Despite being fully vaccinated against COVID-19, Emily Saliers of Indigo Girls was diagnosed with COVID-19 in August after attending a writer’s workshop. This led to a two-week quarantine and several postponed and canceled concerts. About the same time, Indigo Girls’ guitar tech contracted COVID and unwittingly infected another crew member.
Indigo Girls announced online the postponement or cancellation of several late August and early September concerts. The band cited the reason for these actions as due to “an abundance of caution and concern for the safety of the band, crew and most importantly our fans.” Neither Indigo Girls nor its management specified at that time that anyone had been infected.
The shows must go on, however. Recovered and perhaps now doubly immune, Saliers rebounded from her quarantine by once again climbing aboard the tour bus. Amy Ray, the other half of the duo, who also is vaccinated, made a personal decision on the side of caution. Ray is driving herself to many of the concerts in an effort to avoid contagion. In ongoing safety measures, Indigo Girls and the road crew reportedly are doing rapid tests daily and PCR tests every third day.
Indigo Girls have been labeled a folk rock band, and that seemed to apply at SummerStage in Central Park, with most of the musical instruments being acoustic, albeit with amplification. In actuality, the songs had a more diverse range of sources, including country, blues, and rock, yet Ray and Saliers established that primarily they are singer-songwriters. Known to write independently for the most part, their paralleled lyrical reflections on life and commentaries on contemporary society bonded them to each other and to their audience.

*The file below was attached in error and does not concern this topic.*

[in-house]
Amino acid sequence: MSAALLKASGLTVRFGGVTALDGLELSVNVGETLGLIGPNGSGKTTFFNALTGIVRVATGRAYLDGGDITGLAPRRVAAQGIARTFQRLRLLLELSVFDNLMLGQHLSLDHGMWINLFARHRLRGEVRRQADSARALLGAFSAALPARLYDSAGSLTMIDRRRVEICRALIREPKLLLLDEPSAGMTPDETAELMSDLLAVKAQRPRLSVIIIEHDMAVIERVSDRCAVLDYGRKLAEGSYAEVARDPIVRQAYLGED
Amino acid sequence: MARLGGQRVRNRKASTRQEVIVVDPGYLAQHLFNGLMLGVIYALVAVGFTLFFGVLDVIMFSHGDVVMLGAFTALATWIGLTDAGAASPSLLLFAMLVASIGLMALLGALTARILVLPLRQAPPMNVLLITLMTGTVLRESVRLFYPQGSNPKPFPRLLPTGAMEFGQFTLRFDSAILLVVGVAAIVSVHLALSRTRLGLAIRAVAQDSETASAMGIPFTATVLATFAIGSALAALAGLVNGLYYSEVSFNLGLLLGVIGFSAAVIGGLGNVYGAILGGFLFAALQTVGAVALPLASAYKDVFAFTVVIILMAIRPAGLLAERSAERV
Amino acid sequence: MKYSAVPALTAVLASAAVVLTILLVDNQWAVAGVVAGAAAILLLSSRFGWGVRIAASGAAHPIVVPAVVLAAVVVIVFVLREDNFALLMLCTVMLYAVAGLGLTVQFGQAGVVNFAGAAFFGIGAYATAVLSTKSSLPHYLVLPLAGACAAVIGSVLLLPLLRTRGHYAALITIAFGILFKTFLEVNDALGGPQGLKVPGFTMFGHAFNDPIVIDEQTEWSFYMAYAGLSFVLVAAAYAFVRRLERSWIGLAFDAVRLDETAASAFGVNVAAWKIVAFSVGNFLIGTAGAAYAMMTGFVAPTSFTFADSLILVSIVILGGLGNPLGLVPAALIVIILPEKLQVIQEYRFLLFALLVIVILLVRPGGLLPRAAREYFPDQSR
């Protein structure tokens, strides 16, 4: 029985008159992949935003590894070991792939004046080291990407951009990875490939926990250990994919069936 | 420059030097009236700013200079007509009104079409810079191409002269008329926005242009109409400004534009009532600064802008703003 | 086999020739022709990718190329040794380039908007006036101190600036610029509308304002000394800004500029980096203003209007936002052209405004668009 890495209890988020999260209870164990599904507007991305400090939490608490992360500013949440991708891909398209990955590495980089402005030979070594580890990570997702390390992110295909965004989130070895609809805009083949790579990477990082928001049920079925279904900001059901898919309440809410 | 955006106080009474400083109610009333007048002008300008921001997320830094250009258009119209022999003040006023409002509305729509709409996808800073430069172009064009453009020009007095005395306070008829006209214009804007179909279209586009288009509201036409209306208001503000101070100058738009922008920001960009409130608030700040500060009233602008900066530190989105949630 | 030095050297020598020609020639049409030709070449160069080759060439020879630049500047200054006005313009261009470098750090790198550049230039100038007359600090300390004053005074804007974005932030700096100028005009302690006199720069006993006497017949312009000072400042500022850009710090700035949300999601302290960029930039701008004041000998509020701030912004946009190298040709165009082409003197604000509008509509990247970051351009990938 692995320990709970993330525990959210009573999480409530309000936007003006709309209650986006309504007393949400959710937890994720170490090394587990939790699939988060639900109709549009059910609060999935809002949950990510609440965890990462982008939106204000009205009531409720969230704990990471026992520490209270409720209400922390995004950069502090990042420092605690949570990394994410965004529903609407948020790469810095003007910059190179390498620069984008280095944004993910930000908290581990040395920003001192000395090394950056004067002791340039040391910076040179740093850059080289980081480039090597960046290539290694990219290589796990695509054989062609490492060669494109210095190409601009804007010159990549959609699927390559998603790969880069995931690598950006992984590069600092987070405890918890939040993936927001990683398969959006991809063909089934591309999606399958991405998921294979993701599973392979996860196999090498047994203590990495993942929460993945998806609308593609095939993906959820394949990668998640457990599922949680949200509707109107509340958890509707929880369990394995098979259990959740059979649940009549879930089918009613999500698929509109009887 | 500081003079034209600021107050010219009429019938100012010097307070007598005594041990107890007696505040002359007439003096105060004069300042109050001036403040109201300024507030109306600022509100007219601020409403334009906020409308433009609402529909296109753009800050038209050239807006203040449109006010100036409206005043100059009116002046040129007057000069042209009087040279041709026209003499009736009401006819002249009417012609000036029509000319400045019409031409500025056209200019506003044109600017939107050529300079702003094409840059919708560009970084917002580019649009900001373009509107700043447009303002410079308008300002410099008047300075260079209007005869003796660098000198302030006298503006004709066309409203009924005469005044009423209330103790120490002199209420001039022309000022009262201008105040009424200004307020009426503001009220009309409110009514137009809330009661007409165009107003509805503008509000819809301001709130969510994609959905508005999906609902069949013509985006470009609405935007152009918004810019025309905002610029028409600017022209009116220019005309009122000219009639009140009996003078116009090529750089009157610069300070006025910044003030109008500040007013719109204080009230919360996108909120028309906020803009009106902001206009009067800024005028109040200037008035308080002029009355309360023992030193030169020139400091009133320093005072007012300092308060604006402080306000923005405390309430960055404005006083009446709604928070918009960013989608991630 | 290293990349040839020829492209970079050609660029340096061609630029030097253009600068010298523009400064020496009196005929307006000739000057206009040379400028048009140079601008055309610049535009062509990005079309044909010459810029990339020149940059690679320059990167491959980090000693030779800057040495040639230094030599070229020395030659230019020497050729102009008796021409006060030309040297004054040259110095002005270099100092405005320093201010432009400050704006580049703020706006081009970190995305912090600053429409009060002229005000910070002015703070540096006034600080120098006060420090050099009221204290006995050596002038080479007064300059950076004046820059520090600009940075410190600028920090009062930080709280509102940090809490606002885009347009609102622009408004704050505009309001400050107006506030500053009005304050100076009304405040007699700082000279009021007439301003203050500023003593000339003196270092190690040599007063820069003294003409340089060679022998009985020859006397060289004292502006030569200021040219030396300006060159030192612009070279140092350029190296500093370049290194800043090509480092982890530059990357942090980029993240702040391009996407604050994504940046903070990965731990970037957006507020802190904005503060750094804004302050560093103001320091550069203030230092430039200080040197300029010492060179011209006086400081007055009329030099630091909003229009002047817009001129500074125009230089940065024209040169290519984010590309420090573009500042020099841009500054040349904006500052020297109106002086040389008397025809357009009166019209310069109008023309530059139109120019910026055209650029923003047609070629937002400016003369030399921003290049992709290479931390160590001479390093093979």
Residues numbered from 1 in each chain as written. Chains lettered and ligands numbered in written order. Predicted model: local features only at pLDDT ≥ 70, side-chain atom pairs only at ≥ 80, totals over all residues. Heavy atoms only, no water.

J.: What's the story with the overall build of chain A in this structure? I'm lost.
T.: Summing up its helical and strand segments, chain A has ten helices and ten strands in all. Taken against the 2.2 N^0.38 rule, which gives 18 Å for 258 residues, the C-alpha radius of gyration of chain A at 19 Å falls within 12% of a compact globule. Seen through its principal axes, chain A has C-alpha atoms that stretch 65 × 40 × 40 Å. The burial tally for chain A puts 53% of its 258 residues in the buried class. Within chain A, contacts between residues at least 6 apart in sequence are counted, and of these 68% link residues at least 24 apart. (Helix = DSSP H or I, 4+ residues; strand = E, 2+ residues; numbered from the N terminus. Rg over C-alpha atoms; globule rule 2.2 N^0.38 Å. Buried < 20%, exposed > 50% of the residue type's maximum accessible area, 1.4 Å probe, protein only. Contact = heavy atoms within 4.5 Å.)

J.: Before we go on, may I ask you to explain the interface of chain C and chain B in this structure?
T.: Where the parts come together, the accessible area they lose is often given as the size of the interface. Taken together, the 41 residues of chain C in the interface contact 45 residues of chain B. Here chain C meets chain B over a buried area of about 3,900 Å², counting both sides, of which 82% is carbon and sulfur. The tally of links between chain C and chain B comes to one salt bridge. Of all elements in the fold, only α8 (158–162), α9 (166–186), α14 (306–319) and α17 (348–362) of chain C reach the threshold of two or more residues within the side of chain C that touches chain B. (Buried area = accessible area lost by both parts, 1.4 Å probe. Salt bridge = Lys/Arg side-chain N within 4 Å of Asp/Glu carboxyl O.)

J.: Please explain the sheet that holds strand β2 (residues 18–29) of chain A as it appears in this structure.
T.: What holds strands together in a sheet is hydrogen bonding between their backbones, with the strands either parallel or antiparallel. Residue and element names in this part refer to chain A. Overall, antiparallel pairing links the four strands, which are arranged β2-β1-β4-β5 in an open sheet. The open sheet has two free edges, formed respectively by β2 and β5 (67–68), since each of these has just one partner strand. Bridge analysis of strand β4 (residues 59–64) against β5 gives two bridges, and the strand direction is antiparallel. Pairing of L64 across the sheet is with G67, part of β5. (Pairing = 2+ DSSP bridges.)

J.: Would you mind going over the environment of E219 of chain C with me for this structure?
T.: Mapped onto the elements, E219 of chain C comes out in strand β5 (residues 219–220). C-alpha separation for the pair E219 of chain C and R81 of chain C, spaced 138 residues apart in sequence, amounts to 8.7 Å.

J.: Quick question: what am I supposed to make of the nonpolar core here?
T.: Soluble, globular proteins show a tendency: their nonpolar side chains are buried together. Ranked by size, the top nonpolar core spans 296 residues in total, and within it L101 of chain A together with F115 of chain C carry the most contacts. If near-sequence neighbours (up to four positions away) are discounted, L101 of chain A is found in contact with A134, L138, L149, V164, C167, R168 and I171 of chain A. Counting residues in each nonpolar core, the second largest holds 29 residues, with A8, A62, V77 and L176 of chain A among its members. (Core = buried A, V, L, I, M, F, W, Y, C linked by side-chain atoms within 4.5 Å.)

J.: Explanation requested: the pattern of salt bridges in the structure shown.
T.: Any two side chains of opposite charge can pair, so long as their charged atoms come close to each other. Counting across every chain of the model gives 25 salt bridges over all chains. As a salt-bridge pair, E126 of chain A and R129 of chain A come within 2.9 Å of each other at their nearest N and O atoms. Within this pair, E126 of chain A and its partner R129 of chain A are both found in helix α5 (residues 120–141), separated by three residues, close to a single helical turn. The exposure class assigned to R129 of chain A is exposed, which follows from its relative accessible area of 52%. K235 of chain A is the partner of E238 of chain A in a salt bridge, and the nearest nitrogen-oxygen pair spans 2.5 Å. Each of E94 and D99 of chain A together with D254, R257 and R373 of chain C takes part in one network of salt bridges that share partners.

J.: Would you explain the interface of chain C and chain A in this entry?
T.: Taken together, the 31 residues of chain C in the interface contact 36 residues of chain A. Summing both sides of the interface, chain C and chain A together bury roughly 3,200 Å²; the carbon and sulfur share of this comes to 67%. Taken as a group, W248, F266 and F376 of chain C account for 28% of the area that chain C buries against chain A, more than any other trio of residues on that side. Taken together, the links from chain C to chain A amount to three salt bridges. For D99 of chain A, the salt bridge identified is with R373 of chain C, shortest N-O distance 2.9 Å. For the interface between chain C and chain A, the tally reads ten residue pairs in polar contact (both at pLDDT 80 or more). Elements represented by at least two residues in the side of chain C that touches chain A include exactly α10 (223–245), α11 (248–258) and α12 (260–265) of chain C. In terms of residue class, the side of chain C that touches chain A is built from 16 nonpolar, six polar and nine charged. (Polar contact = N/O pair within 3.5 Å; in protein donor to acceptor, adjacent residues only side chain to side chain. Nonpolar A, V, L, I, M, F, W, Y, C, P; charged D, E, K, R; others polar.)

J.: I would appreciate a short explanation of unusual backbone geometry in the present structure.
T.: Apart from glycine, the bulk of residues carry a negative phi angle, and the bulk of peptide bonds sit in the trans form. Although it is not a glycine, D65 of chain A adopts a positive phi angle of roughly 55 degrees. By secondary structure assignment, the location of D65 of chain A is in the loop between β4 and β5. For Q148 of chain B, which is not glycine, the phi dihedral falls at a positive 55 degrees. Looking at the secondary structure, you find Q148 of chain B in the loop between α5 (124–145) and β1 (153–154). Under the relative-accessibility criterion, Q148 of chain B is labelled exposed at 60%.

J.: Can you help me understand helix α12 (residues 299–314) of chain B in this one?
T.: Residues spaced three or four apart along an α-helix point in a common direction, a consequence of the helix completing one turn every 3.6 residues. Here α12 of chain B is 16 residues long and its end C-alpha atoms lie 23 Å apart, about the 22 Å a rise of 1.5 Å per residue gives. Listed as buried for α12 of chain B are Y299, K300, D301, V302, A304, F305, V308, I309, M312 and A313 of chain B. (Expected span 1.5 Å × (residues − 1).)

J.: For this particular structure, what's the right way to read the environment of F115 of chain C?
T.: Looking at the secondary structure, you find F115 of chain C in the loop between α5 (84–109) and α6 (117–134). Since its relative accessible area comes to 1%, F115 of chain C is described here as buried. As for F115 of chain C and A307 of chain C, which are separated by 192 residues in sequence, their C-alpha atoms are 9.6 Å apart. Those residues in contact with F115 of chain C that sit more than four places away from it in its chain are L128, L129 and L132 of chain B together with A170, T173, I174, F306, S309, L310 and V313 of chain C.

Indigo Girls had a string of gold and platinum albums from 1987 to 1997, and most of the live repertoire came from these more commercially successful years. The set also included three songs from Look Long, the duo’s 15th and most recent studio album, released during the pandemic in May 2020, and one song from the previous album, 2015’s One Lost Day, as well as a few cover tunes. Indigo Girls played for an hour and, following a brief set change, Ani DiFranco and her two musicians, who received a rousing response earlier in the evening with their own hour-long set, joined Saliers, Ray, backing vocalist Lucy Wainwright Roche, and violinist Lyris Hung onstage for a four-song encore. The ensemble performed John Prine’s “Angel From Montgomery,” DiFranco’s “Which Side Are You on?,” Ray’s “Tear It Down,” and “Closer to Fine,” Indigo Girls’ best known song.
At SummerStage in Central Park, where all in attendance, including employees and volunteers, had to show proof of vaccination in order to enter the premises, Indigo Girls showed no evidence of residual COVID complications. Saliers and Ray seemed at the peak of their strength and even bolstered each other throughout the performance. Their trademark vocal harmonies were as powerful as ever. Wainwright Roche and Hung, who has performed with Indigo Girls since 2012, accompanied and supported Indigo Girls all evening. Midway through the set, all four stepped aside to allow Bitch to perform for a few minutes. DiFranco joined Indigo Girls for the encores. With so much activity on stage and a sold-out crowd below, there was hardly a reminder that we are still in a pandemic.
Get Out the Map
Power of Two
The Rise of the Black Messiah
The Wood Song
Easy Target (original new song performed by Bitch)
Howl at the Moon
Angel from Montgomery (John Prine cover, with Ani DiFranco)
¿Which Side Are You On? (Ani DiFranco cover, with Ani DiFranco)